Presentation on theme: "Task: Practice Individual Preventive Medicine Countermeasures # 081-831-1053 SGT Smith References Related AR 600-63, FM 21-10, FM 21-11."— Presentation transcript:
Task: Practice Individual Preventive Medicine Countermeasures # SGT Smith References Related AR , FM 21-10, FM 21-11
Conditions: You are a soldier deployed to a simulated field environment. You have the necessary equipment and materials: water, food, uniforms, replacement clothing, sun block, bug repellent lotion, permethrin aerosol clothing repellent, d- phenothrin aerosol area spray, malaria pills, soap, mosquito bed net, iodine tablets, canteen, covered container, plastic bags, earplugs, foot powder, talcum powder, razor, toothbrush, dental floss, and an entrenching tool.
Standards: Applied preventive medicine measures (PMMs) to protect against: cold, heat, biting insects, diarrhea and dysentery, hearing loss, skin infections, sexually transmitted diseases (STD), acquired immunodeficiency syndrome (AIDS), and foot problems. Practiced oral hygiene, proper disposal of waste, and Army tobacco use rules.
Performance Steps Apply proper PMMs for protection against cold injuries.
Wear layers of loose clothing Note: Minimize sweating. When clothing becomes wet or dirty, it loses its ability to provide warmth. Remove layers of clothing before doing strenuous work. Warning: Do not remove protective clothing in a chemical environment. Replace layers of clothing when your strenuous work is completed. Launder clothing regularly.
Exercise to increase blood circulation Tighten and relax arm and leg muscles, fingers, and toes Use hands to massage and warm the face. Refrain from smoking because it restricts blood flow to the skin. WARNING: Physical and mental weariness contribute to inactivity, reduced heat, and increased chance for cold injury.
Change socks Put on dry socks during rest breaks to reduce the risk of frostbite and trench foot. WARNING: Severe frostbite and trench foot can result in the loss of hands or feet. Put damp sock inside the shirt to dry.
Prevent dehydration Drink sufficient fluids (potable water, juices, and warm nonalcoholic beverages) NOTE: Drinking a sufficient amount of potable water in cold weather is as important as it is in hot weather. In cold weather, you may not realize that your body is losing fluids and salt. Sweat evaporates rapidly or is absorbed so completely by the layers of clothing that it is seldom visible on the skin. Rest when possible
Pair with a buddy Remind each other to do warming exercises often Watch for signs of cold injury such as frostbite, trench foot, and hypothermia
Performance Steps Apply proper PMMs for protection against heat injuries
Drink sufficient amounts of water NOTE: Your body needs a minimum amount of water for cooling, waste elimination, and metabolism. Any attempt to train the body to use less water can be harmful and may lead to heat injuries.
Drink sufficient amounts of water Hourly fluid intake should not exceed 1½ canteen (1 qt) of water every hour. Daily fluid intake should not exceed 12 quarts. If your urine is dark yellow, you are not drinking enough water Fluid intake needs will vary depending on type of work and temperature
Drink sufficient amounts of water Drink extra water before combat operations Maintain excess water in your system for strength and alertness Protect yourself from dehydration and heat injuries associated with wearing full chemical protective gear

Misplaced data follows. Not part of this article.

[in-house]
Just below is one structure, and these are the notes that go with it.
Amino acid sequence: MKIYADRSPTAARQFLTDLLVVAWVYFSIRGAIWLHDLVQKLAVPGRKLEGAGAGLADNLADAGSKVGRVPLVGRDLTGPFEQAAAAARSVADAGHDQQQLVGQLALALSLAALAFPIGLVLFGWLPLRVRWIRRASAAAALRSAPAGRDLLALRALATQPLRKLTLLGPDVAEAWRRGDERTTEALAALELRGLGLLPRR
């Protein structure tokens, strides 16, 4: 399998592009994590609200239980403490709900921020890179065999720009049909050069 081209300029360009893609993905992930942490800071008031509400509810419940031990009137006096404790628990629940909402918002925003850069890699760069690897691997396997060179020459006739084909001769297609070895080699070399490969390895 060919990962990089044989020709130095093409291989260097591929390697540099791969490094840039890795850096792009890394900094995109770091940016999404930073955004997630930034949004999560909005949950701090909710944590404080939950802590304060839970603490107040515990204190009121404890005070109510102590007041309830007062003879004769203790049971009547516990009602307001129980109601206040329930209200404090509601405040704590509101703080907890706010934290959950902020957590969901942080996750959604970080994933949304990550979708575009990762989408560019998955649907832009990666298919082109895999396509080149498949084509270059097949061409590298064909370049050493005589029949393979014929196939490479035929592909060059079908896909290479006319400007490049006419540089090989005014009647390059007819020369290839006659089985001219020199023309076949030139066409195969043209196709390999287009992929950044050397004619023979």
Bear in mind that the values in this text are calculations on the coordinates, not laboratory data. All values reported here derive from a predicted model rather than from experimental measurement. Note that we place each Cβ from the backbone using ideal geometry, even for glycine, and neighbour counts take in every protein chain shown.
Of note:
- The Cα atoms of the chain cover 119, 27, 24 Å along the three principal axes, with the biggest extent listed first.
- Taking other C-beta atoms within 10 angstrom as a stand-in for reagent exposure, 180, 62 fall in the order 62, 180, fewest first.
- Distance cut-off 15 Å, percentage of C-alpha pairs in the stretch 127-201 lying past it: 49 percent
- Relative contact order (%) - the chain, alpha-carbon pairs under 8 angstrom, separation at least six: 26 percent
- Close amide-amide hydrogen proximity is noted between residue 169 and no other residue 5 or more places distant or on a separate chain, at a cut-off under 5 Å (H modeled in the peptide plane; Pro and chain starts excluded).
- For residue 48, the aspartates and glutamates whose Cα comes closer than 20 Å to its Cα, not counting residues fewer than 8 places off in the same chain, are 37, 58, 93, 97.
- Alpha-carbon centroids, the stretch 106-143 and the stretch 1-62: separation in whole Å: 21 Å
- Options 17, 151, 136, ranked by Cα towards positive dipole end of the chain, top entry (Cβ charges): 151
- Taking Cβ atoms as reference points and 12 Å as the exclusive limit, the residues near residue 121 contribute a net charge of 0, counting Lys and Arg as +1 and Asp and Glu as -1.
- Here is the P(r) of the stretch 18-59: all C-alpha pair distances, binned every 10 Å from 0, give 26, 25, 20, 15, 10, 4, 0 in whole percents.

Rest whenever possible Take rest breaks in accordance with the heat condition table as the tactical situation permits Use rest breaks to drink water and to cool off
Eat meals Eat regular meals daily to replace salt lost through heavy sweating Eat something at each meal, even if you are not hungry NOTE: Usually, eating field rations or liberal salting of the garrison diet will provide enough salt. Excess intake of salt should be avoided
Protect yourself from exposure Wear uniform properly Provide shade whenever possible Use barrier creams and lotions
Performance Steps Apply proper PMMs for protection against arthropod bites and arthropod-borne diseases
Apply extended-duration arthropod repellent lotion NOTE: Extended-duration arthropod repellent lotion is a preparation which can be used on the skin. On exposed skin except the eyes, lips, and sensitive skin Two inches under edges of battle dress uniform (BDU) Keep away from flame or excessive heat Wipe hands after application
NOTE: Do not wear after-shave lotion or cologne in the field; they attract biting or stinging arthropods (insects).
Apply permethrin clothing repellent. Use either the IDA kit (most effective) or the aerosol formulation. Apply permethrin according to the product label Use only on fabric Do not apply to skin Do not treat BDUs while being worn Avoid breathing vapors Treat outside of BDU, insect headnet, and mosquito bednet Do not treat underwear or inside the cap. Dry clothing (BDUs) thoroughly prior to wearing
Wear uniform properly Tuck pants legs into boots, roll sleeves down, and close collar Wear uniform loosely Check clothing frequently Use buddy system to check areas of body not easily seen during self- examination
Take malaria pills to protect against malaria parasites. (Use in the manner prescribed for your unit.) Clean and inspect yourself. Wash yourself daily or as often as the tactical situation permits.
Clean and inspect your clothing Clean and inspect your clothing Wash your uniform to remove arthropods and their eggs Use available military laundry service or scrub your clothing yourself with soap and water
Use your bednet when sleeping Suspend bednet above sleeping area Tuck edges of bednet under the sleeping pad or bag Treat the bednet with permethrin aerosol clothing repellent Avoid breathing vapors Spray interior space with d-phenothrin aerosol spray insecticide Do not use permethrin clothing repellent or d- phenothrin aerosol spray insecticide on skin
Performance Steps Apply proper PMMs for protection against water-borne and food-borne diseases
Identify the indications of diarrhea and dysentery Diarrhea is an intestinal disorder characterized by abnormally frequent and watery bowel movements Dysentery is an infectious disease characterized by stomach pain and diarrhea with passage of mucus and blood